Before pro street skateboarder Paul "P-Rod" Rodriguez nabbed four gold medals at the X Games and appeared virtually in Tony Hawk video games, he was learning flip tricks on the loading dock of Albertson's Supermarket in his native Northridge, CA. "When you're a beginner anything can be a skate spot," he says. That was the mid-nineties. By the age of 14, Rodriguez was popping eyeballs as a street skater with a future. At 17, he went pro. Now 27, Rodriguez is a figurehead in the sport with a long list of video credits, a signature shoe with Nike, and a reputation for giving back to the community.
We caught up with him at the reopening of Coleman Oval skatepark in New York City's Lower East Side, where he told us about his favorite places to skate around the globe. His experience gives us insight into more than just the best ledges, stairs, and rails: It tells a story of counterculture and authority in wildly different regions – and it reveals that street skating, even as it's embraced by the mainstream, will always have a home somewhere between vandalism and art. Start Gallery >>
Photo: Jeremy Berger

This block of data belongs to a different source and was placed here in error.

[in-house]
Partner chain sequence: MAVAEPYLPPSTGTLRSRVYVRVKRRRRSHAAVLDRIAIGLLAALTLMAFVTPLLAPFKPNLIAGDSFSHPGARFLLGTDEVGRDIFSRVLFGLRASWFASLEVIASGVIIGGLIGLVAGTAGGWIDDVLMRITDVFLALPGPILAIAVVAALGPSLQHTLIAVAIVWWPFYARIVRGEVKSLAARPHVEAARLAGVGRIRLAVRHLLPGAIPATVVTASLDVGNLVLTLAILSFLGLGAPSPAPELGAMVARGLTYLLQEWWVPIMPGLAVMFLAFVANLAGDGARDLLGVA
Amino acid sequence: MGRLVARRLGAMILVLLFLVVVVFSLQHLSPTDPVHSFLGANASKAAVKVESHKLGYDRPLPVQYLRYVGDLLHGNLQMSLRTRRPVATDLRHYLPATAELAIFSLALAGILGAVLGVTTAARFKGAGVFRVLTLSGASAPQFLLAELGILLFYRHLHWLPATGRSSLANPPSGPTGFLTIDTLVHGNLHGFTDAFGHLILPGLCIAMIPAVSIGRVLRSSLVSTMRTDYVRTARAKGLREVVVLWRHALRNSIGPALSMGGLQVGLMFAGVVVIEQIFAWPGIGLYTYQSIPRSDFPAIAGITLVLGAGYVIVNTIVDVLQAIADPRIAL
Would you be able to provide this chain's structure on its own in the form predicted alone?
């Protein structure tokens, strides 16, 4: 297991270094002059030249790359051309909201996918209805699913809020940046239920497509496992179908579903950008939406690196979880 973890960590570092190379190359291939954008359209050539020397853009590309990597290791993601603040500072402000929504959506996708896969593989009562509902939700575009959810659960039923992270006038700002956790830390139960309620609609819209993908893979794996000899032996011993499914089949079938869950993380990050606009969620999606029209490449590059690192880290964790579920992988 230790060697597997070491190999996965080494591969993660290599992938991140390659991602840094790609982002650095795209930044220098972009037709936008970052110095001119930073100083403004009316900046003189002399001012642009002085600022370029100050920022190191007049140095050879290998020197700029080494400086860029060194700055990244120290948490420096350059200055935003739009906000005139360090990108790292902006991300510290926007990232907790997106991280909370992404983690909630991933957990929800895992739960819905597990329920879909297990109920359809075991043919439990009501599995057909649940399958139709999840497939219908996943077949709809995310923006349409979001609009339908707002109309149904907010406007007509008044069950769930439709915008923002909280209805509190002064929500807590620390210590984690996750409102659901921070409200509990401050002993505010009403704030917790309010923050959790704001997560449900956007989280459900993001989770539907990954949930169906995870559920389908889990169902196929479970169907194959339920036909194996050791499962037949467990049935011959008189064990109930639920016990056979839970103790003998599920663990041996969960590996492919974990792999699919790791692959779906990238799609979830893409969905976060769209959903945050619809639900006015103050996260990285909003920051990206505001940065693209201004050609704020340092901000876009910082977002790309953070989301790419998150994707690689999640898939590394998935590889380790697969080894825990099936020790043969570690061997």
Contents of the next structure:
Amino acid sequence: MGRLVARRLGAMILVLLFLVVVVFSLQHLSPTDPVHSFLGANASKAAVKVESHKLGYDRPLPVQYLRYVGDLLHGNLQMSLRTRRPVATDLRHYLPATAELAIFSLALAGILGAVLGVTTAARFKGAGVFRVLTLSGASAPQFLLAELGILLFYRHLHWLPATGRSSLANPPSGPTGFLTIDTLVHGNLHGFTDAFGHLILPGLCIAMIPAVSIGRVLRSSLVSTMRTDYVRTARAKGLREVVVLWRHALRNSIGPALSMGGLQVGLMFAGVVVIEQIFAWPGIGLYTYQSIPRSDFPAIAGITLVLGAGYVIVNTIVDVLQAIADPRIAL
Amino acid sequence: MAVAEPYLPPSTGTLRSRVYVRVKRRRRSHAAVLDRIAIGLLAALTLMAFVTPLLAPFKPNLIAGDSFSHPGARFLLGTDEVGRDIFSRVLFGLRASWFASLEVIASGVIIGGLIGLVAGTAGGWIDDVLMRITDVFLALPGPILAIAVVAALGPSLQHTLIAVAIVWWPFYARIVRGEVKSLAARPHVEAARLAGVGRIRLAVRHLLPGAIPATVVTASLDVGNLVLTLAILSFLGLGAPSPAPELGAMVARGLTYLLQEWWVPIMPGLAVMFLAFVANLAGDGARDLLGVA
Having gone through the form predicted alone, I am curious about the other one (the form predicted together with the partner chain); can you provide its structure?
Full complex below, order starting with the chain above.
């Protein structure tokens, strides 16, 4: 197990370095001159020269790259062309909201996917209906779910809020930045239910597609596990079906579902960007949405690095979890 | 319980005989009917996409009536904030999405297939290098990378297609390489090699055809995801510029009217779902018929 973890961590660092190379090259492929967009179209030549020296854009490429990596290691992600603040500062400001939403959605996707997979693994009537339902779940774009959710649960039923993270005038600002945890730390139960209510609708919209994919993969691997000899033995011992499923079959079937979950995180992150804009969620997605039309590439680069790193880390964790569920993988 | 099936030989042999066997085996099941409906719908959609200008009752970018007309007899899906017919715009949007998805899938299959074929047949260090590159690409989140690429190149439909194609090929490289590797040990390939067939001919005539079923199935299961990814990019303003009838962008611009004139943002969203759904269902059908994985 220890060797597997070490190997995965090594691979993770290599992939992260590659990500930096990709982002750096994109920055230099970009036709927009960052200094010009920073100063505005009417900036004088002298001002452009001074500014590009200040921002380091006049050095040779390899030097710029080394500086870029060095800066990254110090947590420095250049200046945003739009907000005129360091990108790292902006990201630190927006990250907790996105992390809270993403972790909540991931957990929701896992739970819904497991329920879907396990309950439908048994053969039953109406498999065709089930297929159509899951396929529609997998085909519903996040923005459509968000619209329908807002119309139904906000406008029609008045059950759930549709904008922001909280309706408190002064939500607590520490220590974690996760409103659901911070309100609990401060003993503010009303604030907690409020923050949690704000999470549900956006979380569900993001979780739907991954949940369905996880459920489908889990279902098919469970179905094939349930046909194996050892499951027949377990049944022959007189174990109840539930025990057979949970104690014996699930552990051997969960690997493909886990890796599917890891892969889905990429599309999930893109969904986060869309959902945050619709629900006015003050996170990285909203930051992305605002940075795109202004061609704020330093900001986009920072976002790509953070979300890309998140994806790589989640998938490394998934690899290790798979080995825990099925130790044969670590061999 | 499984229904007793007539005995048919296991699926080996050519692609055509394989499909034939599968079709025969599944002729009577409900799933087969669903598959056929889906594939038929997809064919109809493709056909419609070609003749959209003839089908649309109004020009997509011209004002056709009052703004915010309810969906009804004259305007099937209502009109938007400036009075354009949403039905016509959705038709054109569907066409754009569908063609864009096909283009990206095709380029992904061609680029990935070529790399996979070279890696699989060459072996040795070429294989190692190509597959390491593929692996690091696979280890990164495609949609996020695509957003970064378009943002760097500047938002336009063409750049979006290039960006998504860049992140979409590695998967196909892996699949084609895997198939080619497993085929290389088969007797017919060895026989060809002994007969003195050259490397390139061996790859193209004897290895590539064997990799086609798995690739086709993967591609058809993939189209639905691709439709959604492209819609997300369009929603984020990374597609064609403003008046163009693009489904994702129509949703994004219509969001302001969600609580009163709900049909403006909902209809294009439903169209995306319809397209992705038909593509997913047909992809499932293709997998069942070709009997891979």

Shenzhen's Marble Waves
We all know about China's fastest-growing economy, its sometimes tepid relationship with the U.S., and the country's harsh treatment of activists and dissidents, but who knew it was such a great place to skate? Rodriguez recently went on a trip to the port city of Shenzhen. "Everything is made of marble – the ground, the ledges, the stairwells – so the whole city is one big skatepark," he says. "Marble is cheaper than plywood, apparently." The choicest spot is a series of marble waves in a park downtown. Surprisingly, authorities rarely crack down on skateboarders. "They don't even know what to make of skateboarding," Rodriguez says. "They just think, 'Who are these crazy Americans throwing themselves down stairs?'" [Downtown Shenzhen, Shenzhen, Guangdong, China]
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